I am trying to solve $$A B = C$$ $B$ is a known $N\times M$ matrix, $C$ is a partially known $L\times M$ matrix, and $A$ is an unknown $L\times N$ matrix, with $L<N$. If $C$ were fully known, I could just use a least-squares solution, which can be calculated efficiently. Alas, of some entries of $C$ I know only that they are positive (in fact, all entries of $C$ are either known to be $0$, or known to be positive. We can scale the problem such that all positive entries of $C$ are, say, $>1$). I'm trying to solve for $A$ (up to a factor). Can $A$ be determined efficiently and if so, how?

A significant amount of literature exists on the subject of least squares solutions with inequality constraints (see e.g. this question), but it is not clear to me if this problem can be reduced to the form typically found in the literature: $$\text{min}\|A x-b\|\text{ s.t. }G x\geq h$$ In fact, I suspect that it cannot be reduced to that form.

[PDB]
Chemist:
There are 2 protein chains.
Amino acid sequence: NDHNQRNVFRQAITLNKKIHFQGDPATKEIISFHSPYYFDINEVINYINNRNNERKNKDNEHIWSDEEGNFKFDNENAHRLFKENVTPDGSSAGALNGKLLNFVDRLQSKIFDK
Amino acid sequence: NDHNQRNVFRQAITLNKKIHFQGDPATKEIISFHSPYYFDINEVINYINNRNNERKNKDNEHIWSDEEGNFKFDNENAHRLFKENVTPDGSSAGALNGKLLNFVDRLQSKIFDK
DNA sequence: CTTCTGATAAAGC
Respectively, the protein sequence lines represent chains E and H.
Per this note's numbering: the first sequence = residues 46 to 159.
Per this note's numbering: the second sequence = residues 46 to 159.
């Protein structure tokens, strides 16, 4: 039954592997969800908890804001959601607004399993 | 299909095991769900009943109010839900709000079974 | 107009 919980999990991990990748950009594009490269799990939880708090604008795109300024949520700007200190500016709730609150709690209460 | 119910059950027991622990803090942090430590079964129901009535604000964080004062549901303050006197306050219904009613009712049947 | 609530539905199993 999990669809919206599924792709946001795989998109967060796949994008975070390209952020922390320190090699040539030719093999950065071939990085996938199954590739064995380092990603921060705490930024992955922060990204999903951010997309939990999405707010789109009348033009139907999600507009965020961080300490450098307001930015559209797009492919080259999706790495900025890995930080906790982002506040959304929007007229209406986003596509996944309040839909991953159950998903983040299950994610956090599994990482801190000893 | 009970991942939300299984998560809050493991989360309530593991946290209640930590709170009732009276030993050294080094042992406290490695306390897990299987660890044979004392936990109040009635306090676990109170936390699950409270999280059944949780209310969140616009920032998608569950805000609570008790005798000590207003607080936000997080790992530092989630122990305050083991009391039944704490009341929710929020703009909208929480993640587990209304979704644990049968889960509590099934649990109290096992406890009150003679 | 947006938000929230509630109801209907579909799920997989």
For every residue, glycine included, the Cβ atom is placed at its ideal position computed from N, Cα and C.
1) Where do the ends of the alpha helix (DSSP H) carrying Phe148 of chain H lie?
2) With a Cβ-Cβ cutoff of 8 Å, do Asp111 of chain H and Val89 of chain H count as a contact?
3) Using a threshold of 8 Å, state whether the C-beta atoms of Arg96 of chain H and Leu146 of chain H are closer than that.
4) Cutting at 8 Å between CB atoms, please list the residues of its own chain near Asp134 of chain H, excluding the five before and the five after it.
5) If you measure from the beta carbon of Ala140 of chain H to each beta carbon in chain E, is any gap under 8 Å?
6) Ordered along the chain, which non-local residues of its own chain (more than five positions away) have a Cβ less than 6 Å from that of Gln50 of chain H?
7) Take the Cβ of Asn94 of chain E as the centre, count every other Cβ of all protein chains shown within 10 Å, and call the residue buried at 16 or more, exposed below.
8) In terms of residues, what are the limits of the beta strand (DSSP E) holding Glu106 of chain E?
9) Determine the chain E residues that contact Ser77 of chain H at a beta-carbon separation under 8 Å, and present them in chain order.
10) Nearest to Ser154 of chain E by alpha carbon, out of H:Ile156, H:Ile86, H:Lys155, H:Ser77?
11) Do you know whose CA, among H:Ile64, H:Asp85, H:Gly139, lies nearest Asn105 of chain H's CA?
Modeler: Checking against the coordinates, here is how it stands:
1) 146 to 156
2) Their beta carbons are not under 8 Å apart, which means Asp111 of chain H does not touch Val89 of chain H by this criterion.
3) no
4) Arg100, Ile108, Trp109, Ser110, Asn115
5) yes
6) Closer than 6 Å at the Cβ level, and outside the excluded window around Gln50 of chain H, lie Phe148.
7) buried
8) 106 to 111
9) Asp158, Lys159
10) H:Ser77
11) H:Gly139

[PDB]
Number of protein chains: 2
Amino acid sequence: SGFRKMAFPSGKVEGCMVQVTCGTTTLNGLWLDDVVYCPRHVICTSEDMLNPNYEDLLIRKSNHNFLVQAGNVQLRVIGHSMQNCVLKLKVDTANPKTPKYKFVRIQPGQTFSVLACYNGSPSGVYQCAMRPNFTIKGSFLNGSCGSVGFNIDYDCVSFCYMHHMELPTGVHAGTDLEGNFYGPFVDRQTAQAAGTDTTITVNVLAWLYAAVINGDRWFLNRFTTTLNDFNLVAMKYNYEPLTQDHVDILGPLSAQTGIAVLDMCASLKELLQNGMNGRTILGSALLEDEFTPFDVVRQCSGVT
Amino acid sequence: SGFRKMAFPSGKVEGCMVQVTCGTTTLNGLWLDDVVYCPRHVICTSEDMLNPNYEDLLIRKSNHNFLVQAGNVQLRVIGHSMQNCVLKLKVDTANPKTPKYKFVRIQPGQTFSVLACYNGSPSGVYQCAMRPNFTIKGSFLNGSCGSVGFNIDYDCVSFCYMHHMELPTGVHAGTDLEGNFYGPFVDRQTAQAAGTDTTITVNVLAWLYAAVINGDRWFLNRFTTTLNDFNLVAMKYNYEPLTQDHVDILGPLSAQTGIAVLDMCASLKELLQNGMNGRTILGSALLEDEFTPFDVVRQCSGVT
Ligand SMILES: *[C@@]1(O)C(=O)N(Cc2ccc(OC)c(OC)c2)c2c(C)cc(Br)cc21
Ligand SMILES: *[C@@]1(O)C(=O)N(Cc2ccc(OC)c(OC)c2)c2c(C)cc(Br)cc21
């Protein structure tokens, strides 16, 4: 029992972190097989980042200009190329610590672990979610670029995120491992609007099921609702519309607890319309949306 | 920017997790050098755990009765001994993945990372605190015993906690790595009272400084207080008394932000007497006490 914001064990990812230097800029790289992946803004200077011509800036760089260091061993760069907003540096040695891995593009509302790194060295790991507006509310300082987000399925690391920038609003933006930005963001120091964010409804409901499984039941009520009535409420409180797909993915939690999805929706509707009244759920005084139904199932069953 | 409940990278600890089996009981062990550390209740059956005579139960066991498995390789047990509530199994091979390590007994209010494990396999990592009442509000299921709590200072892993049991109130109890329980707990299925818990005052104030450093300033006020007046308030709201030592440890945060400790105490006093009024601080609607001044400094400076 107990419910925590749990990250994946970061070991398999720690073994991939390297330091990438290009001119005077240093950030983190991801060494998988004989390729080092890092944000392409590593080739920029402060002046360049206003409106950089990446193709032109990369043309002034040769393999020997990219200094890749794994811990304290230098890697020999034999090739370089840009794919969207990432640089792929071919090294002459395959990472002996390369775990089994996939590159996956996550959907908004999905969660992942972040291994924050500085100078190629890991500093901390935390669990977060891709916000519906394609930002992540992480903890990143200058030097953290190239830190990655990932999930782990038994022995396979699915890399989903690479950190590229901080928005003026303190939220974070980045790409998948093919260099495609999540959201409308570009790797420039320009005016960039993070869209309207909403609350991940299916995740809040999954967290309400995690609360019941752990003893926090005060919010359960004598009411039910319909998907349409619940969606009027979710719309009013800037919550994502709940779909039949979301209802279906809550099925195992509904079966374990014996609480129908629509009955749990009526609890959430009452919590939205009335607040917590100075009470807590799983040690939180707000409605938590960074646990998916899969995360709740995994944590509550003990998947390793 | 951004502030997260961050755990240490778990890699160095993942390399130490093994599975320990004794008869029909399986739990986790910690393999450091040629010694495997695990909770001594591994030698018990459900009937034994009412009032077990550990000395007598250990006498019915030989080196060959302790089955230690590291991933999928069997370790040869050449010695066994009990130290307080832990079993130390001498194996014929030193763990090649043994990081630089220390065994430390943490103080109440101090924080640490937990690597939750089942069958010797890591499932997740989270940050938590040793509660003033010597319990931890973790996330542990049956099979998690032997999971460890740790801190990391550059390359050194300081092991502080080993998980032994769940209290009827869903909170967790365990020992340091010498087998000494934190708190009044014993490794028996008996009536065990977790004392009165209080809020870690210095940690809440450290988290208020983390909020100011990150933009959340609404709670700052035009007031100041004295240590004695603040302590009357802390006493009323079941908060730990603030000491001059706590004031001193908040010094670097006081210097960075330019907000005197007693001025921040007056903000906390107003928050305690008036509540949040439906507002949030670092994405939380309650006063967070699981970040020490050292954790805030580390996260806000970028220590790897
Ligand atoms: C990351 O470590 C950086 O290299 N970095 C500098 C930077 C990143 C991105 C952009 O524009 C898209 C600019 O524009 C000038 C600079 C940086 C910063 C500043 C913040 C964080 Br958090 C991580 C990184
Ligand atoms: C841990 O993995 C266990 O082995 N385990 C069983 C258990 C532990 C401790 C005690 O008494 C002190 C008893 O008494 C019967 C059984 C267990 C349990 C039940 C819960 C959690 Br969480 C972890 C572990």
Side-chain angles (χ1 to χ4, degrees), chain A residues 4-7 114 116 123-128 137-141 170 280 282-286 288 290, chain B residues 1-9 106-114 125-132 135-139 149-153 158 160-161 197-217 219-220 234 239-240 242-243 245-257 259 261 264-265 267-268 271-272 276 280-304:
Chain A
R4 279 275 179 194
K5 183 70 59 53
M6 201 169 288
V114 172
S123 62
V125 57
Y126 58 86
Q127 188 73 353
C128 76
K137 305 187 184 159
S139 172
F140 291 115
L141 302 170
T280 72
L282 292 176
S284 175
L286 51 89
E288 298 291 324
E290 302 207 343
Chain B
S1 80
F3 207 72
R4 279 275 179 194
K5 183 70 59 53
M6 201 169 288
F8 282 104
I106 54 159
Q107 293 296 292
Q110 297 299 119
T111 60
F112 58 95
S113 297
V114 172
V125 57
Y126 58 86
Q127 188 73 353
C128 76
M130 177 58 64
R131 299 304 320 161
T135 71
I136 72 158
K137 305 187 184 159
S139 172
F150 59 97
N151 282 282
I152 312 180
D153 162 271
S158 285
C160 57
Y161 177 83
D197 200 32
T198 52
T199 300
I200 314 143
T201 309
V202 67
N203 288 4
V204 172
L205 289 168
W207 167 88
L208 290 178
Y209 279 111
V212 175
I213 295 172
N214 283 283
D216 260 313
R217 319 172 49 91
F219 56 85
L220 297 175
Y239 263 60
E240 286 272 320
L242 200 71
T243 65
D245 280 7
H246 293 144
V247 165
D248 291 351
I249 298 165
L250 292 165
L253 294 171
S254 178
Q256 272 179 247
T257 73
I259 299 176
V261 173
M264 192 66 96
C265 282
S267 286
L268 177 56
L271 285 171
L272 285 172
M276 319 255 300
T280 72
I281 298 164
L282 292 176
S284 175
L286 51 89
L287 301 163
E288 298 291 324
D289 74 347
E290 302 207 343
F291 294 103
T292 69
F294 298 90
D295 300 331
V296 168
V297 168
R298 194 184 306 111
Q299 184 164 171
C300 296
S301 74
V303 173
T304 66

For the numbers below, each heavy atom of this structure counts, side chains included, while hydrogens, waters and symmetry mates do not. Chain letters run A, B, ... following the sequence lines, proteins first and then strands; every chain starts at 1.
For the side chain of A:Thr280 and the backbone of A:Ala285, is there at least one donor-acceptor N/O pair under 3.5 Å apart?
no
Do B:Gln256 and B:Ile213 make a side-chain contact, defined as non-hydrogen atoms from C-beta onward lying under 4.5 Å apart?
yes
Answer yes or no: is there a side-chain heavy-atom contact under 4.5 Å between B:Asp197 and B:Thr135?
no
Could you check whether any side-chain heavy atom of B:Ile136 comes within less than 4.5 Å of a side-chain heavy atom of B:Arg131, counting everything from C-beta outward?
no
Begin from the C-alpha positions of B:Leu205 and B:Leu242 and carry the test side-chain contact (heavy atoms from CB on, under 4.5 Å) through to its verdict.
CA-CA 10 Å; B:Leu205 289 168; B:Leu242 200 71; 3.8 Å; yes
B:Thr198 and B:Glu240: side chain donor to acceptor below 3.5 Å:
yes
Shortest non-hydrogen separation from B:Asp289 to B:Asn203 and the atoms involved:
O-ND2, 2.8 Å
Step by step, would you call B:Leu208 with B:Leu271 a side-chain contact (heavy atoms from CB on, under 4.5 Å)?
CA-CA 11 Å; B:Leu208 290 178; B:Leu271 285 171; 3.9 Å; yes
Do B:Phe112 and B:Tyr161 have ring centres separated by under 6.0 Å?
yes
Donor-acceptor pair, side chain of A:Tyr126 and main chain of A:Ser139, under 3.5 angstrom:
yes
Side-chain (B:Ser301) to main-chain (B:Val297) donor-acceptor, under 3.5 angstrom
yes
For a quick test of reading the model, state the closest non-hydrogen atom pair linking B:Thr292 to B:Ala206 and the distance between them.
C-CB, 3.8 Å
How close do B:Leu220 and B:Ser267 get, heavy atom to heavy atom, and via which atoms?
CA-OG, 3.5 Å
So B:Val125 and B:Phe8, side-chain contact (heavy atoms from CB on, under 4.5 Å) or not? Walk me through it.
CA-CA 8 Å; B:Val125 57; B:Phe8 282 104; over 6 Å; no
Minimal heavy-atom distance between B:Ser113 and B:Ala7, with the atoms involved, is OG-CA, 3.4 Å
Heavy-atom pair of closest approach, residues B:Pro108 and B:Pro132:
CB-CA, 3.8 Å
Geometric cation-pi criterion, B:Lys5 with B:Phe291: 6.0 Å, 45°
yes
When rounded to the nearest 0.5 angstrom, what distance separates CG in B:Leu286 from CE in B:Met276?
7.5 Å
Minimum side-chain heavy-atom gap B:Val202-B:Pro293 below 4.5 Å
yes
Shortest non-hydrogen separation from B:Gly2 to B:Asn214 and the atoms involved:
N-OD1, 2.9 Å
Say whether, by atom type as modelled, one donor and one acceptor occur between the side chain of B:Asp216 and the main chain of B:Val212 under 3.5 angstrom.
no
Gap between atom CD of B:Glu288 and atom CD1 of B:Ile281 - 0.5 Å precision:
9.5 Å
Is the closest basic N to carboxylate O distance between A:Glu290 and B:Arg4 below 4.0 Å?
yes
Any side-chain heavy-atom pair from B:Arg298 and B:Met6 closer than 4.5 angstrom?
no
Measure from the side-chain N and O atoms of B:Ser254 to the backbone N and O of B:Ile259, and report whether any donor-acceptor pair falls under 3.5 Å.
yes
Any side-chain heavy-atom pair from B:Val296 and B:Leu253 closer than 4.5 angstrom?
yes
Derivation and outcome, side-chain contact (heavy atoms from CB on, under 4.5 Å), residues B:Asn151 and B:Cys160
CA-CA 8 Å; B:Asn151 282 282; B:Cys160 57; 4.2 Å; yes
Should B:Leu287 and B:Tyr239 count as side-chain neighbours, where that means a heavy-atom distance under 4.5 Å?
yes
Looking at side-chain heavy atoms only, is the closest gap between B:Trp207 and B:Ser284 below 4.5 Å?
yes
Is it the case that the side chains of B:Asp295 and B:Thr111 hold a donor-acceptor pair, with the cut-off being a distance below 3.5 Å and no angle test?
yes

How about this? \begin{equation} \underset{{\underset{ \text{and }\left(AB\right)_{i,j}\geq 0 }{ A \text{ such that } \left(AB\right)_{\text{known} }}=C_{\text{known}}}}{\min}\left\|AB-C\right\|_{\text{some suitable matrix norm, root of elementwise sum of squares for instance}} \end{equation} Here you would have a mixture of equality and inequality constraints.

Also, if you need inequality constraints only, but you have let's say $e\left(x\right)=0$, you can always realize these constraints as $e\left(x\right)\leq0$ and $-e\left(x\right)\leq0.$

remark: uniqueness does not nescessairily hold.

  • $\begingroup$ Alas, the system is over-determined, constructing a search space of exact solutions is not possible. $\endgroup$
    – Wouter
    Oct 5 '15 at 15:08
  • $\begingroup$ Not neccessairily. That depends on the rank of $B$ and on the known entries for $C$. (Take $B=0$ and $\text{known}=\emptyset$ for instance.) $\endgroup$
    – Max
    Oct 5 '15 at 15:17

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